Date: 20/11/2009

Time: 15:35 - 16:25

Aircraft: Ikarus C42 - G-CDRO

Gap in the Weather

The weather has been crap recently - along with a few other commitments, I haven't been up for a while, so it getting close to the time I would need a check-flight - want to avoid this if I can. I had booked up a Eurostar for today and much to my surprise the forecast said it was going to clear up for the afternoon - hooray! However, it has rained so much recently, there's the chance the airfield is closed. I give Airbourne a call and Graeme very kindly goes to the main clubhouse to find out - I'm told that it is open. It's not ideal conditions, but I really want to give it a go.

When I get there, it turns out that no-one else has been up. It's a bit windy, but has reduced a lot. I decide to take a C-42 instead, as I am more familiar with this aircraft. Graeme suggests that I speak to Chris on the control desk about any special taxiing considerations. Unfortunately his advice is "don't do it". I'm annoyed by this - if he had said the airfield was closed then I wouldn't have taken the afternoon off and driven all the way to the airfield. It seems a bit late to be talking about "essential flights" and how do we determine what is essential - it's not life threatening, but it is essential for my enjoyment. I check the condition of runway 21 and assess the aircraft's fuel tanks and find G-CDRO has a sufficient 30l.

I am worried that if I do fly it might reflect badly on the microlight club, but talking to Graeme and Shelley - they say not to worry about that. I form a plan how to restrict it to the least chance of any damage to the runway or taxiways. I will go straight from the parking area and take off from 21 - that will avoid going round the front taxiways. If I take off at the intersection, it will avoid going over the lower (and potentially wetter) are at the north end of the airstrip. I tell Chris what I intend to do.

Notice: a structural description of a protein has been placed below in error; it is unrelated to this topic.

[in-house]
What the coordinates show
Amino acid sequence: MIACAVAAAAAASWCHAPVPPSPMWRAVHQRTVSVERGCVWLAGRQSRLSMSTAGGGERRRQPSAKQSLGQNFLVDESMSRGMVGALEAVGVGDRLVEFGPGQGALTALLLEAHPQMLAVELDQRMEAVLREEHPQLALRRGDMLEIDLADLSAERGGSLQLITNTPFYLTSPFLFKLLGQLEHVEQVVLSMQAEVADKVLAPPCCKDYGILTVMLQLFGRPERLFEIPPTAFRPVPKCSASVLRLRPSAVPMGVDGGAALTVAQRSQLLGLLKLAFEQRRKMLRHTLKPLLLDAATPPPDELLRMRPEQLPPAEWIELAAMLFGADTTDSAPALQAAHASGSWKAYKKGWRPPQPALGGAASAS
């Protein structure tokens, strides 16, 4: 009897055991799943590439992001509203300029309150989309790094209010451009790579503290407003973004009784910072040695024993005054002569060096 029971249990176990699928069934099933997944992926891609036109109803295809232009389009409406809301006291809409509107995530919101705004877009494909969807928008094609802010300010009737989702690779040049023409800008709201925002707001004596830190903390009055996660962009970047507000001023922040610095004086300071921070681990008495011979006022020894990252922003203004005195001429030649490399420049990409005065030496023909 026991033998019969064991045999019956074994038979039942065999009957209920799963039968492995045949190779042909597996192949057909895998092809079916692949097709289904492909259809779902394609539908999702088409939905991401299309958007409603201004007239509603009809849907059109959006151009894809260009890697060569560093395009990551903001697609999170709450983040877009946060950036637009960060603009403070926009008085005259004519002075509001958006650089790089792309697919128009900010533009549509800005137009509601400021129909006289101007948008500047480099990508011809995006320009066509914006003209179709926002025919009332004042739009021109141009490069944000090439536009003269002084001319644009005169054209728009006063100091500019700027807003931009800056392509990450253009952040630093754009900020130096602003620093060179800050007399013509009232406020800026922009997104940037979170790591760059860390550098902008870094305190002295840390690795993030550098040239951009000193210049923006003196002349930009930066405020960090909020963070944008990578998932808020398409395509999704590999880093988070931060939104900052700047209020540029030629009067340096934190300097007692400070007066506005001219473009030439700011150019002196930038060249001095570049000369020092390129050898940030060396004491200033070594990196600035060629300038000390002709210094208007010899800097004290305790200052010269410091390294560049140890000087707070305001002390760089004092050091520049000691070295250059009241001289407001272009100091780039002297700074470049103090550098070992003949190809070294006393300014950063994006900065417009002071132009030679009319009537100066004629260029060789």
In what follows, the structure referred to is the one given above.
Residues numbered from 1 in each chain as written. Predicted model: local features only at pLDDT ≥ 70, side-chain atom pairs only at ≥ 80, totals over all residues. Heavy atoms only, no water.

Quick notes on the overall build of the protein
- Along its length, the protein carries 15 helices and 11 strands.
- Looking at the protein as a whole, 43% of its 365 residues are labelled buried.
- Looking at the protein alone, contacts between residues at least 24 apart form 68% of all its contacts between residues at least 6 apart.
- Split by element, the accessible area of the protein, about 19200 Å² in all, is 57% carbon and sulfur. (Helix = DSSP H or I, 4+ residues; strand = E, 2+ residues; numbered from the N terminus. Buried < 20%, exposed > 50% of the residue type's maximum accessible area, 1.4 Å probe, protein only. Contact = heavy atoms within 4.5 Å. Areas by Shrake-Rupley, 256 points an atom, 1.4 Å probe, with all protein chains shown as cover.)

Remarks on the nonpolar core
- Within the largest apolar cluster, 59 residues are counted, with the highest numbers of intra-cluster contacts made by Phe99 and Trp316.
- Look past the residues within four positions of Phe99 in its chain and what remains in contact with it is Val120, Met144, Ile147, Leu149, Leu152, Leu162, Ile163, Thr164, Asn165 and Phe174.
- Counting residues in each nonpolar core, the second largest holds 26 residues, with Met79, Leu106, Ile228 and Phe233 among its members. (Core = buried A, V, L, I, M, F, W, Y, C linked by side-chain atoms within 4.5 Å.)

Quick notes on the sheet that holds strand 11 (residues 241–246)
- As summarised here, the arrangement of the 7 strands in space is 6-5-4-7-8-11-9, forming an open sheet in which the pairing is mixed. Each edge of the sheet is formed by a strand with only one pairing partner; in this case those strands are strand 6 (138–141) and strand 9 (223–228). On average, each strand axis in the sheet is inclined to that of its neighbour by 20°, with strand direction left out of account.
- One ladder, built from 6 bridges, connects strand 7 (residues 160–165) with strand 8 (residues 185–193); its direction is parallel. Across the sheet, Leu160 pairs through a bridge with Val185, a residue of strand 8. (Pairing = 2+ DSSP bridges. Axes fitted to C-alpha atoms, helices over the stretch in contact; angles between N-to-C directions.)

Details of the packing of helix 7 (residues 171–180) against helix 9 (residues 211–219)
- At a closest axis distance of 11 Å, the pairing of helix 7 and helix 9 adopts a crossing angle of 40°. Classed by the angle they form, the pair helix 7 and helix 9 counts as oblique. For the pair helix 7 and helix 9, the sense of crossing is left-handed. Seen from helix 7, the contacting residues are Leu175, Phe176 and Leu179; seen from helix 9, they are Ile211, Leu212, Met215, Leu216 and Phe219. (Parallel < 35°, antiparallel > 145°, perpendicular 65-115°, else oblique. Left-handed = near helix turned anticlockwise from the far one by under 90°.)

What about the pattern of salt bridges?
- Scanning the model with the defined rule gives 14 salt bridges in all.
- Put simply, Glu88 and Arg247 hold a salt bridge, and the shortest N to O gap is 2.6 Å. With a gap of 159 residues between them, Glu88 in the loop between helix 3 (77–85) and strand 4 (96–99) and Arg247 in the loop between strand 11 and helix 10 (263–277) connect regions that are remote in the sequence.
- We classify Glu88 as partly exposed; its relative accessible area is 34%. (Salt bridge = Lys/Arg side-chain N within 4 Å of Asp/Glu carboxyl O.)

After checkover and warmup I taxi very carefully to the intersection and take off. Gosh this plane seems to climb well and handles well - perhaps due to my greater familiarity. Though I do find that I'm letting it sink a bit in medium banked turns as more backpressure is required compared to the Eurostar. I head to the north, but there is a big cloud bank so I head west and then south. The visibility is fairly crap, particularly looking into the sun.

I'm heading back to the airfield as the sun sets and join downwind for 21. I deliberately land long to further reduce the taxiing and the landing goes well. More careful taxiing back to the parking area. I'm very confident, but I walk back out to the runway to inspect it, so that I can happily confirm that there was no damage at all caused by me.

I'm glad I flew.

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